Here’s one from the “I didn’t know Windows could do that” file. I just learned from an OnMSFT.com article by James Walker that Task Manager tracks “BIOS Time.” That’s the amount of time the system spends during startup doing firmware checks and hardware initialization. As soon as Windows begins its own boot process, that timer stops counting. So indeed, the Task Manager Startup tab shows BIOS Time. Look at the upper-right corner in the window to see that value (in seconds). It’s labeled “Last BIOS time:” and it appears in the upper right corner above the list of startup items. Here’s what it looks like on my 2018 vintage (8th generation aka Kaby Lake) Lenovo ThinkPad X380 Yoga:
This i7-8650U is endowed with 16GB RAM and 1 TB NVMe SSD. It’s time is pretty short.
What Does Task Manager Startup Tab Shows BIOS Time Really Mean?
On systems that don’t monitor this value, the field may not show. Or, as on my older (2012) Lenovo X220 Tablet, it may show a BIOS time of 0.0 seconds. It’s a useful bit of information, where available, because it tells you how long your system chunks away at getting the hardware and firmware up and running, before the OS can start loading. Even on my older (2014) Surface Pro 3, that value shows up at a relatively snappy 12.3 seconds.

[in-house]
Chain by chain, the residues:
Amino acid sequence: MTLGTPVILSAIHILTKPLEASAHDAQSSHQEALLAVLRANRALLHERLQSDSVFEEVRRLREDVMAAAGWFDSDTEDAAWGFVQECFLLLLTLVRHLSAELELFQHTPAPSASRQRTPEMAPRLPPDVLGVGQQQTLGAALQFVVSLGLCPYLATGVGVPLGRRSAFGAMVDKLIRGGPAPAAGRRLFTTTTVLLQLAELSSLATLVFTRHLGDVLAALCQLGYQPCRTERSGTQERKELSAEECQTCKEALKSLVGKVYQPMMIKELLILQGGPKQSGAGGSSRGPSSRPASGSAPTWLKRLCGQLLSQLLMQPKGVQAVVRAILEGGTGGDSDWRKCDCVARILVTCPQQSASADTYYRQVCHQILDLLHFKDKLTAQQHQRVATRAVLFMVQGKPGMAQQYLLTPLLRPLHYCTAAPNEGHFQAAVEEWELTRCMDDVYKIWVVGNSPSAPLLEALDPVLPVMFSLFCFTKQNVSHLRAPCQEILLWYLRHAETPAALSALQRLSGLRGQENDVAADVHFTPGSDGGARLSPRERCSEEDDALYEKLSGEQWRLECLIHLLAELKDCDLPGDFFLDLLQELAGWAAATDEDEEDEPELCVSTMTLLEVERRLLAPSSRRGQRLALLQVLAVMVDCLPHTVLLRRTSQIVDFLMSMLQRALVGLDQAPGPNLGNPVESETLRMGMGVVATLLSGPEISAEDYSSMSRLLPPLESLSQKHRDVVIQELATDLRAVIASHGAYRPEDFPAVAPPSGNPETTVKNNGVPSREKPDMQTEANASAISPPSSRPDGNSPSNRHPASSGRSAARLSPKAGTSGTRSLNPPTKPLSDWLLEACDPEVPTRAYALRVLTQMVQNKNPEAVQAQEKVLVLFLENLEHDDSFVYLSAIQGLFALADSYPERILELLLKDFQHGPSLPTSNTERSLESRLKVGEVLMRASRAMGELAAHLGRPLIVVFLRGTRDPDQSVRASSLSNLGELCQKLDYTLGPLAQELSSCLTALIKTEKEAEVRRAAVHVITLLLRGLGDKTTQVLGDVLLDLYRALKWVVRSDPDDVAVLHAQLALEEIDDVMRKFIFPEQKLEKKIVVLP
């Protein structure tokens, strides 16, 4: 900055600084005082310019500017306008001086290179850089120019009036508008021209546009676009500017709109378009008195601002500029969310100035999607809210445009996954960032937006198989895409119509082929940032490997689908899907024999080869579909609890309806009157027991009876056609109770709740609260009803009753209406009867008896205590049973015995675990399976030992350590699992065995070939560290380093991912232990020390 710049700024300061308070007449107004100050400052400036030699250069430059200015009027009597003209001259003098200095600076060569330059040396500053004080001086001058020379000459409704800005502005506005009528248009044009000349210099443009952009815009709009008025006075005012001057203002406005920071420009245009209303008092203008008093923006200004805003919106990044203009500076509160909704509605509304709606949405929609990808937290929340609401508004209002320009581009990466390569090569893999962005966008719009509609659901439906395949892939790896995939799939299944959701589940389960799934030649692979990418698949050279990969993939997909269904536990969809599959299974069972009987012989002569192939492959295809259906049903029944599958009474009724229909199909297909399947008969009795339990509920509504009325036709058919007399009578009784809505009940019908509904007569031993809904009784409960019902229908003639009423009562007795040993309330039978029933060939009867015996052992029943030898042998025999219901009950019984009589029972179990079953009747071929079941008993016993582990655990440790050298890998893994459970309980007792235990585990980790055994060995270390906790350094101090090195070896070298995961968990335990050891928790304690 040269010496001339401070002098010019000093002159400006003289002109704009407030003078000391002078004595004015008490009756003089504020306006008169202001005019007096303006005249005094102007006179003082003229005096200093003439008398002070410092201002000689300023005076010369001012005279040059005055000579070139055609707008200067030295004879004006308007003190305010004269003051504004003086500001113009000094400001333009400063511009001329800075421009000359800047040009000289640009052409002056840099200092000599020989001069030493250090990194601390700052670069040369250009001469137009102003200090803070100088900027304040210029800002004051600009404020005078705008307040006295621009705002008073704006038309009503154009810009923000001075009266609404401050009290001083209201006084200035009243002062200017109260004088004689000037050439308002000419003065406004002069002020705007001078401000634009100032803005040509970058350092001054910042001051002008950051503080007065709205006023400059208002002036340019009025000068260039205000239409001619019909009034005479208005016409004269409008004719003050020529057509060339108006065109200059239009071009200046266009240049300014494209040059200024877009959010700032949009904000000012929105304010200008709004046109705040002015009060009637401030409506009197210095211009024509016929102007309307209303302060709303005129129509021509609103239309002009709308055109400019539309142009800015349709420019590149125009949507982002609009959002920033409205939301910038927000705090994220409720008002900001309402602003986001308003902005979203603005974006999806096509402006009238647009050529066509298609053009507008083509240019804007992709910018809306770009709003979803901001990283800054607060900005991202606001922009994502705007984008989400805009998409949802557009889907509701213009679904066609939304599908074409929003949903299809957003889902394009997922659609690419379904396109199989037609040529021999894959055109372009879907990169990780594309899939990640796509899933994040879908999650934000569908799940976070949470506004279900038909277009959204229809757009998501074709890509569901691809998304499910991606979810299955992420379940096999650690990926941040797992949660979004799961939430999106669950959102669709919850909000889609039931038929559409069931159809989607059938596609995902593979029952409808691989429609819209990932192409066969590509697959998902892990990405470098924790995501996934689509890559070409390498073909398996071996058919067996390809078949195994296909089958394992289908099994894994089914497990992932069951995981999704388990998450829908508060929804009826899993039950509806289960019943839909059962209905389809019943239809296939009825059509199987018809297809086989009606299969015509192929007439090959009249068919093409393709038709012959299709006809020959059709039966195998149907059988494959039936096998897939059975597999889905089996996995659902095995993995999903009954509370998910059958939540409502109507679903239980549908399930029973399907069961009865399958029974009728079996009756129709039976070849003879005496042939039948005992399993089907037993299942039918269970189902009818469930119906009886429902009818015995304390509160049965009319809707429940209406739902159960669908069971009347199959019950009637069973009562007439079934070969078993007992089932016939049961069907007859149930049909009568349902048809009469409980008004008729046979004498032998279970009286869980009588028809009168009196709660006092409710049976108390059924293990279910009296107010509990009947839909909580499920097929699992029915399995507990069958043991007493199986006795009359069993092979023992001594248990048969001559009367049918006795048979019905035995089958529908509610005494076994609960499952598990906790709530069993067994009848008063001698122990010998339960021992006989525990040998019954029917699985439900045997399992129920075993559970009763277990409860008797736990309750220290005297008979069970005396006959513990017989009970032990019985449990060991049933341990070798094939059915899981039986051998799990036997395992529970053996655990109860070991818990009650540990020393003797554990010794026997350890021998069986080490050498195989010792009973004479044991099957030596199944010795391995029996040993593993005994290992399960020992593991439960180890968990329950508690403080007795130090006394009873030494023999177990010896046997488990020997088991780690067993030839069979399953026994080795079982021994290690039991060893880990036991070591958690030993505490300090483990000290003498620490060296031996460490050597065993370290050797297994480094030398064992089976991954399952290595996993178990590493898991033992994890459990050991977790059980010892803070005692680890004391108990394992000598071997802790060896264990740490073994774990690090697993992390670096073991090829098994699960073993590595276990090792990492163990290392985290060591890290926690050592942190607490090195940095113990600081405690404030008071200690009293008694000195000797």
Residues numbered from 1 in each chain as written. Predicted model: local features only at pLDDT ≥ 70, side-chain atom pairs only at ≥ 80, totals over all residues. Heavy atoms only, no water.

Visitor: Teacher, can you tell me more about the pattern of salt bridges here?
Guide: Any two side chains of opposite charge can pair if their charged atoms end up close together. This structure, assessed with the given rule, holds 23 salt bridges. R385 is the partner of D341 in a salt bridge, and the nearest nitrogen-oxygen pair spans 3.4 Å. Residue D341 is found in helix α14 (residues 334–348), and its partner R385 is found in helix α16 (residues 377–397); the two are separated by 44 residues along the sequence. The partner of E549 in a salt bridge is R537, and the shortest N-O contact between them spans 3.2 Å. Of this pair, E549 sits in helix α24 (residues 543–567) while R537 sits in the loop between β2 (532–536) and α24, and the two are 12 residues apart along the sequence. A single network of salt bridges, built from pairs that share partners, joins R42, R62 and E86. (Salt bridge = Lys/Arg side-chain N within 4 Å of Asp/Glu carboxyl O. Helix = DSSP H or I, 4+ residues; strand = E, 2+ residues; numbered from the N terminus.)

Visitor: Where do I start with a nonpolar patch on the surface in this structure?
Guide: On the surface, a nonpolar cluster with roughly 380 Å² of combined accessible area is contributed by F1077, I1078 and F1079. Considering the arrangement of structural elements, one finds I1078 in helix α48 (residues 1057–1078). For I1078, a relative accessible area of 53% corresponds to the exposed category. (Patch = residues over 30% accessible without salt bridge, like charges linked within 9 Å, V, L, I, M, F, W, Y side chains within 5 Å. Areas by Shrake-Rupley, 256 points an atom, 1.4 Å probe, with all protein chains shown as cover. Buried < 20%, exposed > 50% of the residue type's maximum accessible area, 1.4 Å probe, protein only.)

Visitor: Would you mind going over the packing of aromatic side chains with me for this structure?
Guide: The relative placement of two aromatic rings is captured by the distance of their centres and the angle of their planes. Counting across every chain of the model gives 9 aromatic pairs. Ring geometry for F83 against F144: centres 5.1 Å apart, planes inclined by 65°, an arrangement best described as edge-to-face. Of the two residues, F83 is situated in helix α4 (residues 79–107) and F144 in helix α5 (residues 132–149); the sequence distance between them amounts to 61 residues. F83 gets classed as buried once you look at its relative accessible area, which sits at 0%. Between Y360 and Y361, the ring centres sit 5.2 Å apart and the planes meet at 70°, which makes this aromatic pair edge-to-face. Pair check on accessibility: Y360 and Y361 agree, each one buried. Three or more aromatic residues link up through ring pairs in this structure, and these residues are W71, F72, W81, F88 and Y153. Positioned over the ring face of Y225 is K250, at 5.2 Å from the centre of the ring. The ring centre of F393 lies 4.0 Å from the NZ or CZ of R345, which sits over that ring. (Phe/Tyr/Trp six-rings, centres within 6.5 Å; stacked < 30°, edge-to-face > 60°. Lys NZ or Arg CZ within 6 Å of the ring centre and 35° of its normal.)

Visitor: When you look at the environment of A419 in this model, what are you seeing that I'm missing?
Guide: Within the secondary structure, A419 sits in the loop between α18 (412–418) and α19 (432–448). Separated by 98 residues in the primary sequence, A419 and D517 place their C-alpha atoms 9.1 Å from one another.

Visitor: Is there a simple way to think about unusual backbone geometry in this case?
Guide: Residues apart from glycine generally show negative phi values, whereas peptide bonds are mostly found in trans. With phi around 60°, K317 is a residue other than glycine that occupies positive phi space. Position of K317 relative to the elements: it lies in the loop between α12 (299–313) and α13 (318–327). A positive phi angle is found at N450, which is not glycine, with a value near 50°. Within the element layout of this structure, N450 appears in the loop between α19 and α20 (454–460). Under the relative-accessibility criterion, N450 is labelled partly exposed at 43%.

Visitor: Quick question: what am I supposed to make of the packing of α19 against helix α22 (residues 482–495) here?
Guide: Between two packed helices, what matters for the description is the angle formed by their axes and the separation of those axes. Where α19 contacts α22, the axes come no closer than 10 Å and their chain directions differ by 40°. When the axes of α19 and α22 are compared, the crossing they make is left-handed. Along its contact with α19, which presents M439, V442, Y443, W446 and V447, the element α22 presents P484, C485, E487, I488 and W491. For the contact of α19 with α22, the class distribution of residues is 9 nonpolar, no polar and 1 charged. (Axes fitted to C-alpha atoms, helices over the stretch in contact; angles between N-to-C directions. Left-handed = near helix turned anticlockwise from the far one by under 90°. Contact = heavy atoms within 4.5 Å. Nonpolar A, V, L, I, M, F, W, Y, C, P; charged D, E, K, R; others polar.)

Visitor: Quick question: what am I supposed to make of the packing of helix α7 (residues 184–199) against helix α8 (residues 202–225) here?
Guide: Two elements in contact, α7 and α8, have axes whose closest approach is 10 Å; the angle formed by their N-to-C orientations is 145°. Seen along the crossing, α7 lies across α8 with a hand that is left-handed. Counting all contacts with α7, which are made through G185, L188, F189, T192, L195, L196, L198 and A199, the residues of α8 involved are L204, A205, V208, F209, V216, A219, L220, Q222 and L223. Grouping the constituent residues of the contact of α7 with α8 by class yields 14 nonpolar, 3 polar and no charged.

Now, what I REALLY want to know is why that value shows up on my Desktop PC (a SkyLake i7-6700, 32 GB RAM, 512 GB NVMe SSD) as a whopping 16680.8 seconds (see below). That’s 278 minutes, or 4:38 in h:mm notation. I sat there the last time the system booted, and it took a good two minutes or so to show me a desktop. So, where did those other 16,560 seconds come from? My best guess is that there’s some kind of reporting error involved here. But it does make me chuckle (or wince) to think that four-plus hours could be reported for BIOS time without demur. That’s how it goes in Windows-World sometimes!
Now that’s a whopping BIOS Time value: 16680.8 seconds!
[Click image for full-sized view.]